Georgia DNR rangers aim for safe weekend on the water


The Georgia Department of Natural Resources Law Enforcement Division is making clear their goals on the state waterways for the busy July 4th holiday weekend. They plan to make no boating under the influence (BUI) arrests, work no drownings or boating incidents and plan to see that everyone enjoys themselves and goes home safely. However, if their goals are to become a reality, boaters and swimmers must embrace the three C’s – Compliance, Caution and Common sense.

The Rangers know that reaching that goal is a long shot but they will try nonetheless.

“If everyone will just adhere to the law, exercise the caution and care necessary to be safe, and use common sense around the water, they will enjoy the weekend and avoid trouble and tragedies.” said Lt. Col. Jeff Weaver, assistant director of the Law Enforcement Division. “However, our Rangers will be working all weekend to keep the lakes and rivers safe and patrolling for those who make poor decisions and unsafe choices.”

There will be extra guidance from the Rangers this 4th due to the new mandatory boater education law that took effect on July 1st. The law says that anyone born on or after January 1, 1998 must complete a boater education course approved by DNR prior to operating any motorized vessel on state waters. Information on boater education and course listings can be found at

Additionally the law requires anyone renting a boat or personal watercraft (PWC) to watch a short educational video and complete a safety checklist in order to rent the vessel, unless they have previously completed a DNR-approved boater education class.

Rangers will use the rest of the summer boating season to inform the public and make them aware of the new education requirements.

Boating sober or having a non-drinking “Designated Skipper” should also be a priority. Last weekend, DNR Law Enforcement conducted “Operation Dry Water” on all state waterways, an effort to curb boating under the influence of alcohol or drugs (BUI). Twelve BUI arrests were made during the operation.


So far this year in Georgia, 40 boating incidents have resulted in 28 injuries and three boating incident-related fatalities. Additionally, there have been 22 drownings on public waters. Conservation rangers have issued 87 boating under the influence citations statewide.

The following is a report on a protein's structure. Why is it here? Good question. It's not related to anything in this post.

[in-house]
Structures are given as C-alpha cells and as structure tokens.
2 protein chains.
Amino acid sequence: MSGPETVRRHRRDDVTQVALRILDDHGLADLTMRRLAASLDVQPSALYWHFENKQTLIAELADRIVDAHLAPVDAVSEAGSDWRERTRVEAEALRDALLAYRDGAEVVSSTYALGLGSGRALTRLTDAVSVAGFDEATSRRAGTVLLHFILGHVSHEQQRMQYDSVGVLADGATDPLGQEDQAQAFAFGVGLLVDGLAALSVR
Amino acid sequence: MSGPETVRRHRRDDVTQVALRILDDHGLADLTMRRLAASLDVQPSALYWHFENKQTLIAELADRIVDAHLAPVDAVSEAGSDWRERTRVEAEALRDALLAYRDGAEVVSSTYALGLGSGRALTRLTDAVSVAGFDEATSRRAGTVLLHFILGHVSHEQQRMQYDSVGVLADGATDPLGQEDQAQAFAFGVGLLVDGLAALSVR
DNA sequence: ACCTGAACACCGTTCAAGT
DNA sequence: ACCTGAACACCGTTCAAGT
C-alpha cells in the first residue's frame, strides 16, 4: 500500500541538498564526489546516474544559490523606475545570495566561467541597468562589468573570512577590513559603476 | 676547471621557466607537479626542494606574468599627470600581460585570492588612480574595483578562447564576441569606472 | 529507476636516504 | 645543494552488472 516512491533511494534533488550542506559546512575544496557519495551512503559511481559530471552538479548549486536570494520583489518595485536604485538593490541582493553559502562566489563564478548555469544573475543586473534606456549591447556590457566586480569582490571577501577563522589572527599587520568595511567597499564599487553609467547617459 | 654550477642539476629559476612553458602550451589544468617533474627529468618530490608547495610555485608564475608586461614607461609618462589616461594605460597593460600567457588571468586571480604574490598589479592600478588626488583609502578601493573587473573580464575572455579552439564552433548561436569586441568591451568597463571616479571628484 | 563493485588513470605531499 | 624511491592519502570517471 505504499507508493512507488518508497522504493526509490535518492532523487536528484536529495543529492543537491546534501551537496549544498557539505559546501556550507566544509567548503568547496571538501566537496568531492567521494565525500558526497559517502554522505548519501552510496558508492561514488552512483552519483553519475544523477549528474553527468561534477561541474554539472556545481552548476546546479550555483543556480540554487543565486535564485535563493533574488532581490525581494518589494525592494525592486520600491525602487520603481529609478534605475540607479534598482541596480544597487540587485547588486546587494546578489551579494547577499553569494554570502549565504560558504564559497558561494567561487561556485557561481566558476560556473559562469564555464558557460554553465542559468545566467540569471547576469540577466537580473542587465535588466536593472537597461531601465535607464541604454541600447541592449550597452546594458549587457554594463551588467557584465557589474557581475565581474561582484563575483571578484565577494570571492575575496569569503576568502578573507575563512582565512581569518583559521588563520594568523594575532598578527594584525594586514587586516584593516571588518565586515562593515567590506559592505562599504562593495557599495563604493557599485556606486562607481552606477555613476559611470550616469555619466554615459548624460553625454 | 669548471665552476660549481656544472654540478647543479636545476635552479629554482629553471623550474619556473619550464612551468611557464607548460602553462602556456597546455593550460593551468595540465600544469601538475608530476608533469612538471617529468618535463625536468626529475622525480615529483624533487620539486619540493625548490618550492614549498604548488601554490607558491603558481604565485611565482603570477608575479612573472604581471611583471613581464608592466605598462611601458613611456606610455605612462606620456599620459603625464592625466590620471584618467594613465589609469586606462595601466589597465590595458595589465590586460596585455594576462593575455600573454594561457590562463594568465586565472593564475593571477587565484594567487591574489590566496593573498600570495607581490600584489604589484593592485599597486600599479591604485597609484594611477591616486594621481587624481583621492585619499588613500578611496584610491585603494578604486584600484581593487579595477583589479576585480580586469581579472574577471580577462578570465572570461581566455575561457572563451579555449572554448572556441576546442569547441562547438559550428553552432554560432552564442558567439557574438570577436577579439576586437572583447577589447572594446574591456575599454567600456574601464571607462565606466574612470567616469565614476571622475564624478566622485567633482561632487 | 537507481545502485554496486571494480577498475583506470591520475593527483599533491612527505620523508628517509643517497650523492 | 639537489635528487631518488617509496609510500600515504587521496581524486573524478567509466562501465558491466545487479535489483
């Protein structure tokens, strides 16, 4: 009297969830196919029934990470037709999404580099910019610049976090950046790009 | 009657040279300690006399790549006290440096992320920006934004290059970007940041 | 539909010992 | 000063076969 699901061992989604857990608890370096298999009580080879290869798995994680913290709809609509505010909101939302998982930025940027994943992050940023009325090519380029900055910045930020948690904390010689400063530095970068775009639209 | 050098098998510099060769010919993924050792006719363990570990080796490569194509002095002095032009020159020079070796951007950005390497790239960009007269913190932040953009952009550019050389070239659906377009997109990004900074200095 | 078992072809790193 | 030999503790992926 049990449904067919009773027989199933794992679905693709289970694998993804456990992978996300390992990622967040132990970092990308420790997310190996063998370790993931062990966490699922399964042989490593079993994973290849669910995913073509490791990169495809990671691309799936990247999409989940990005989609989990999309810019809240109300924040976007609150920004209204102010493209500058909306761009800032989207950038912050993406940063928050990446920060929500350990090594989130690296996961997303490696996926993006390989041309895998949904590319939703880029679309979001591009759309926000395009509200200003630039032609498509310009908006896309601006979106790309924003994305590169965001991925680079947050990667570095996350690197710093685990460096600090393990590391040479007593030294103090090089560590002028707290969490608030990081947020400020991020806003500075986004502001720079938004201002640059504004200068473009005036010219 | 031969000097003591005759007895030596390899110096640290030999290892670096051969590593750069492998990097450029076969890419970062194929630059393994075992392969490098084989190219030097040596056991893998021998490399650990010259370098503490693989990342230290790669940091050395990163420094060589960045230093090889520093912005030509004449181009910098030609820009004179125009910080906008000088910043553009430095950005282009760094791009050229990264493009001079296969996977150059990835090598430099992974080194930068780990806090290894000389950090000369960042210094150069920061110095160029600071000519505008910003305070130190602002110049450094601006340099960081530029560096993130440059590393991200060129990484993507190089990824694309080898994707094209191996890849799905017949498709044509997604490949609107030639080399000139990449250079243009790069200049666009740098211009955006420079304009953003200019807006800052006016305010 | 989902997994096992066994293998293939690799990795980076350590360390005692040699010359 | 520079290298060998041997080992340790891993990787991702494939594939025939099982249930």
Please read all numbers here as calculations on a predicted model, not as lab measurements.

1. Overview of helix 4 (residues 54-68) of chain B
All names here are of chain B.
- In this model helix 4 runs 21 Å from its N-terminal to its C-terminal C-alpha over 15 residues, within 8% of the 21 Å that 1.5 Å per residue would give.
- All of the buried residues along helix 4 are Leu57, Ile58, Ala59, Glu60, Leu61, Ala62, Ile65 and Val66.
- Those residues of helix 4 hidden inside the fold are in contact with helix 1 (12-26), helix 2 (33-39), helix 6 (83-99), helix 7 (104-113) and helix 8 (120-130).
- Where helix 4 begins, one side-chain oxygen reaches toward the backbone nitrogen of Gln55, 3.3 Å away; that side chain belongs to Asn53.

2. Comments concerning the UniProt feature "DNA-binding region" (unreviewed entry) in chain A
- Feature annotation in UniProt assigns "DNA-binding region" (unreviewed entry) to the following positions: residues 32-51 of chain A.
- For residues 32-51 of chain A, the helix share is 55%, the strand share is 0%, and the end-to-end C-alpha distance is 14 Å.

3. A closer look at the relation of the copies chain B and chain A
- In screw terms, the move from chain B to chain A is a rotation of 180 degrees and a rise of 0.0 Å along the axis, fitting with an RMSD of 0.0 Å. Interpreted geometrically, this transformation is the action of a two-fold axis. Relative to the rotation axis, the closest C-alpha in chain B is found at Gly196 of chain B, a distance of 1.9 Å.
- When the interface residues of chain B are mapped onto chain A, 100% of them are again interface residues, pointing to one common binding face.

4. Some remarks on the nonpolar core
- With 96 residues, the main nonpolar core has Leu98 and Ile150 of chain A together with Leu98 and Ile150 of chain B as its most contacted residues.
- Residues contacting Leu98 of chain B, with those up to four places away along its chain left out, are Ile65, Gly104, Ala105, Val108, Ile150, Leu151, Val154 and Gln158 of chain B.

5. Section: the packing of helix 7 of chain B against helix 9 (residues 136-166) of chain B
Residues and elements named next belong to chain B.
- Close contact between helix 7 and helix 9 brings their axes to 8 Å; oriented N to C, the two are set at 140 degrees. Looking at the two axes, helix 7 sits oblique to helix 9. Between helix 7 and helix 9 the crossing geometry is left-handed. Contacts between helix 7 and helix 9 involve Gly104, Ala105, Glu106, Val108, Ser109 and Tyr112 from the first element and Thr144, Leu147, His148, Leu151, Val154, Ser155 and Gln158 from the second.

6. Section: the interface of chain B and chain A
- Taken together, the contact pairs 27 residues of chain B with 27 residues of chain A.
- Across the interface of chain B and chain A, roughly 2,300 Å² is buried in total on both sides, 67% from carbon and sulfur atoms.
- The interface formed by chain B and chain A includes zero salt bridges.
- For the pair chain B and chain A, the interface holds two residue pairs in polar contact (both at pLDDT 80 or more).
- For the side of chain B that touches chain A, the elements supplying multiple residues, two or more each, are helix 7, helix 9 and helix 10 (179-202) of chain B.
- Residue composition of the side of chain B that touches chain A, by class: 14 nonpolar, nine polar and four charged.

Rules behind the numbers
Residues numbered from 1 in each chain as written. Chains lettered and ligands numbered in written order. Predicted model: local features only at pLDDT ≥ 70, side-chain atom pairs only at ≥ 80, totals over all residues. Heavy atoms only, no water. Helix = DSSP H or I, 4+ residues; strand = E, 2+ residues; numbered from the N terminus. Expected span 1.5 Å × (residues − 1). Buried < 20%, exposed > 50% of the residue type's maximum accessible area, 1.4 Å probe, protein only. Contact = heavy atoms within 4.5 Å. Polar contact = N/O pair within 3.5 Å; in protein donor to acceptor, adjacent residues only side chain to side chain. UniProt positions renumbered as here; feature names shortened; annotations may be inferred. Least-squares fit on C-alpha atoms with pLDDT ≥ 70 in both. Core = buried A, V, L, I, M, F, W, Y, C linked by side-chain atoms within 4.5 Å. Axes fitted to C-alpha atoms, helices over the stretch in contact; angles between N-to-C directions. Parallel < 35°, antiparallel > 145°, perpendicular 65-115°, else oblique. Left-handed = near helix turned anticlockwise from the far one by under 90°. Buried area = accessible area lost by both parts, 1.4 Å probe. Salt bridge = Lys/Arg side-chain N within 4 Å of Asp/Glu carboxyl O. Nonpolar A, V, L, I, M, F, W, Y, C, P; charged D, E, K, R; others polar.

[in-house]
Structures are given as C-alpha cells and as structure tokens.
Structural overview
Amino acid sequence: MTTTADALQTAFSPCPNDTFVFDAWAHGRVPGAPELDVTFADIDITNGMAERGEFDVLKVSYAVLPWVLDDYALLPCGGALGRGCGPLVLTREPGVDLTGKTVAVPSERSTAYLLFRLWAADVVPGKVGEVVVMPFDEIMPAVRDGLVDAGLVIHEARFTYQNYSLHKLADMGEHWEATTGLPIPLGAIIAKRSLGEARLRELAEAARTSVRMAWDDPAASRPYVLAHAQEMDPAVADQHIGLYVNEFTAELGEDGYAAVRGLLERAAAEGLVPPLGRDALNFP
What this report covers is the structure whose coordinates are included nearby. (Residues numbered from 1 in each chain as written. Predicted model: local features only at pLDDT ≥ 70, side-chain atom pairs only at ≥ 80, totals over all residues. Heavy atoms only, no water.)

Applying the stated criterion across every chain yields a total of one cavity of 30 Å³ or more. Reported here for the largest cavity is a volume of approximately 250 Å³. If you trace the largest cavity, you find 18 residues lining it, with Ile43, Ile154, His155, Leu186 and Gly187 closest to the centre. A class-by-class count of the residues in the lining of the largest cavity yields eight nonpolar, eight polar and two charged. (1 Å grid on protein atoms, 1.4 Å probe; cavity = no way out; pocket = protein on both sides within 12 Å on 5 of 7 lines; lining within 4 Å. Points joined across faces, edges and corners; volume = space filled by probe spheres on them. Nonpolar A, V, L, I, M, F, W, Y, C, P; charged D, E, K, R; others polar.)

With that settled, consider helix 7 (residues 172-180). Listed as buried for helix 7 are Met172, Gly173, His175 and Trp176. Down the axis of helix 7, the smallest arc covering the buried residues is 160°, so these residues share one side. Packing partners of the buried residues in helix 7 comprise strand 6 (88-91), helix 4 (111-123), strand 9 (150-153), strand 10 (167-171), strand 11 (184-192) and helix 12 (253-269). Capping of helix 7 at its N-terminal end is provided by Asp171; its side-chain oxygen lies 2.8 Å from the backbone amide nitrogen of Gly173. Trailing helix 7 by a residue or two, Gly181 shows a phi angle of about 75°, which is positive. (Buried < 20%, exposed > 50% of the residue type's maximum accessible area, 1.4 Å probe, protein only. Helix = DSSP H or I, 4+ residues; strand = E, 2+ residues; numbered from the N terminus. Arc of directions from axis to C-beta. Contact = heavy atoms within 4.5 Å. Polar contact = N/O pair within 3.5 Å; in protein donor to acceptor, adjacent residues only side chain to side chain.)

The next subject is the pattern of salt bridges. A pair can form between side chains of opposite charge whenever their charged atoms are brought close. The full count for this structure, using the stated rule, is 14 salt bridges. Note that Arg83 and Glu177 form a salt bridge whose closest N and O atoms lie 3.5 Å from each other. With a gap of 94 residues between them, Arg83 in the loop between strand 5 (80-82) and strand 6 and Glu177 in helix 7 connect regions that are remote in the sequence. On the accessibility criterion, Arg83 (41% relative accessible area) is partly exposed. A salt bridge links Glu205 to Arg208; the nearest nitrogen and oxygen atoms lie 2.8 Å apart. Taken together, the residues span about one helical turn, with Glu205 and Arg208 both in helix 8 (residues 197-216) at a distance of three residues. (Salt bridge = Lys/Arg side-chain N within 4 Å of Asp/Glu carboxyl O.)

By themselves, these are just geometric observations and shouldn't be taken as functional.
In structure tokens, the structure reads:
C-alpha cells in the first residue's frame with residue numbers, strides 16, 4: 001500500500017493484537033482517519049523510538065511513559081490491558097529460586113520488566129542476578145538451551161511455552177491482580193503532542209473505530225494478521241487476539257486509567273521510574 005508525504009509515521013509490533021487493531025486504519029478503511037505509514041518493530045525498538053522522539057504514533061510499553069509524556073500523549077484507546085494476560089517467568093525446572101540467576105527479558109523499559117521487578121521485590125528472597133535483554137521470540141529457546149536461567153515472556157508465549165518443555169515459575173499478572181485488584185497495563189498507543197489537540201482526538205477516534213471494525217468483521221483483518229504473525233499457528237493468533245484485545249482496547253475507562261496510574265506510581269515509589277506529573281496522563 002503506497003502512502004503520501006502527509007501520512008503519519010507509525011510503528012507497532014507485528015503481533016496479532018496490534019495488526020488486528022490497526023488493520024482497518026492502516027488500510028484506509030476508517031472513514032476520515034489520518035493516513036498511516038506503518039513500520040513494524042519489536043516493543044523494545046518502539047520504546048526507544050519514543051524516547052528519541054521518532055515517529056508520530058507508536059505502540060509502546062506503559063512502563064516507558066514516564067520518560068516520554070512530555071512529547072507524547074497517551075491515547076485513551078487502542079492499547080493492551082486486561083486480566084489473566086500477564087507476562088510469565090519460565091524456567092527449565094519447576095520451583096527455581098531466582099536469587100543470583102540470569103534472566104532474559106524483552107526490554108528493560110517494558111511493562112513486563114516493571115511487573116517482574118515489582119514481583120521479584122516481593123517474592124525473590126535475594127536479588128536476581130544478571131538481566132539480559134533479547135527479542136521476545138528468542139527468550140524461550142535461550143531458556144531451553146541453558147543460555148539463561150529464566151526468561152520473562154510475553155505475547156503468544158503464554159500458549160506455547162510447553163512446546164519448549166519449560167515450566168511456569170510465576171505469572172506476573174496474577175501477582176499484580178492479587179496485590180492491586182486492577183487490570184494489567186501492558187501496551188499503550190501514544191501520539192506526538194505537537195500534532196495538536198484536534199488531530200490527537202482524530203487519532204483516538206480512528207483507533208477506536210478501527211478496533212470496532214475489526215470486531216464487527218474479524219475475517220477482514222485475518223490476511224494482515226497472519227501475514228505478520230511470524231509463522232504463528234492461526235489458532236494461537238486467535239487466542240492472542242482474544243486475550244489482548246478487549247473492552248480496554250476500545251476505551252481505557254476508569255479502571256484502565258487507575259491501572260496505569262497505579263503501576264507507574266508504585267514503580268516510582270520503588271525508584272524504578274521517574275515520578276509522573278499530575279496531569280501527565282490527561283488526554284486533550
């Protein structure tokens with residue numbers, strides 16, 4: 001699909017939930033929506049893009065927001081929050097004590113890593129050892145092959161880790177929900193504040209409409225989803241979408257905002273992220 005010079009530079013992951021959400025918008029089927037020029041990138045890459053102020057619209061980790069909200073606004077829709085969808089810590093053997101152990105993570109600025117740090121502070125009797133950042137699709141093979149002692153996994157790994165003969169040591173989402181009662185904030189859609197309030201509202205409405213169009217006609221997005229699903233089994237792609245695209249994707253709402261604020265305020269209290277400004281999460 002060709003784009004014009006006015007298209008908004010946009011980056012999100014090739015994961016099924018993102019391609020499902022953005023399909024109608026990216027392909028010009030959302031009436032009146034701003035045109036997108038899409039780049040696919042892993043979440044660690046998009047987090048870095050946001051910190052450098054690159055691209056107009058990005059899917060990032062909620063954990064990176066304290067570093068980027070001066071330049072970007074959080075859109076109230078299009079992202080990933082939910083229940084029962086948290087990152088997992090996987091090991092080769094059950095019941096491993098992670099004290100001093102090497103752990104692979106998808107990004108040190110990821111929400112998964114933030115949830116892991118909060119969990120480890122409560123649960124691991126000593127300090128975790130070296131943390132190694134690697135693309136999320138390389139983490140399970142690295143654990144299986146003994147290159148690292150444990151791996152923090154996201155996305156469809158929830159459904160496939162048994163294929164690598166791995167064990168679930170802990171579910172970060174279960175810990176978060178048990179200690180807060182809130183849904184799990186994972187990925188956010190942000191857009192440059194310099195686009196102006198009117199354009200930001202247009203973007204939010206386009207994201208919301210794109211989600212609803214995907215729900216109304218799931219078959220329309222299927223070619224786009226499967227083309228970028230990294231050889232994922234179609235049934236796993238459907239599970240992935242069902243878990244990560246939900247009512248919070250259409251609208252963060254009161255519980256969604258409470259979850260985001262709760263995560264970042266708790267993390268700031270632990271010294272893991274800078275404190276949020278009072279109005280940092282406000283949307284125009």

“We hope we don’t add to these numbers and that everyone goes home safely at the end of the day,” said Weaver.

Following are some of the many recommended safety rules for boat and personal watercraft (PWC) operators:

  • Designate an operator – Do not drink and operate a boat. Georgia law states that a blood alcohol content level of .08 or greater for boaters is legally intoxicated – the same content as for driving a car.
  • Take a boating safety course – it’s mandatory for anyone 16 years old or younger.
  • Wear a life jacket – Children under 13 are required by law to wear a life jacket while onboard a moving vessel, but it’s recommended for EVERYONE to wear a life jacket.
  • Don’t overload your boat with people or equipment – Check the capacity plate for the maximum weight or the maximum number of people the boat can safely carry.
  • Use navigation lights at ALL times when on the water at night and during low light conditions – Check lights before it gets dark.
  • Watch your speed – The 100-foot law applies to ALL size vessels and prohibits operation at speeds greater than idle speed within 100 feet of any vessel, unless overtaking or meeting another vessel in compliance with the rules of the road. Also, all vessels must be at idle speed when they pass within 100 feet of a dock, bridge, pier, piling, wharf, person in the water, shoreline adjacent to a residence, public park, public beach or swimming area, marina, restaurant or other public use area.

Personal water craft operators also should be aware of these additional safety rules:

  • Do NOT jump the wake of another boat.
  • Pay attention to your surroundings and make sure you stay well clear of other vessels.
  • Know Georgia’s age requirements for PWC operation – under 12 may not operate a PWC; 12-15 must take the education course or have a competent adult on board, age 18 or older, not under the influence of alcohol or drugs, who is carrying proper identification.
  • Make sure everyone who operates your PWC is aware of boating laws and how to safely operate a PWC. As the owner, you can be held responsible.

For more information, visit . Several videos on the new law and other safety-related topics at

The Georgia Department of Natural Resources Law Enforcement Division is committed to conserving our natural resources and protecting the people we serve through fair and vigorous law enforcement, quality education, and community involvement.

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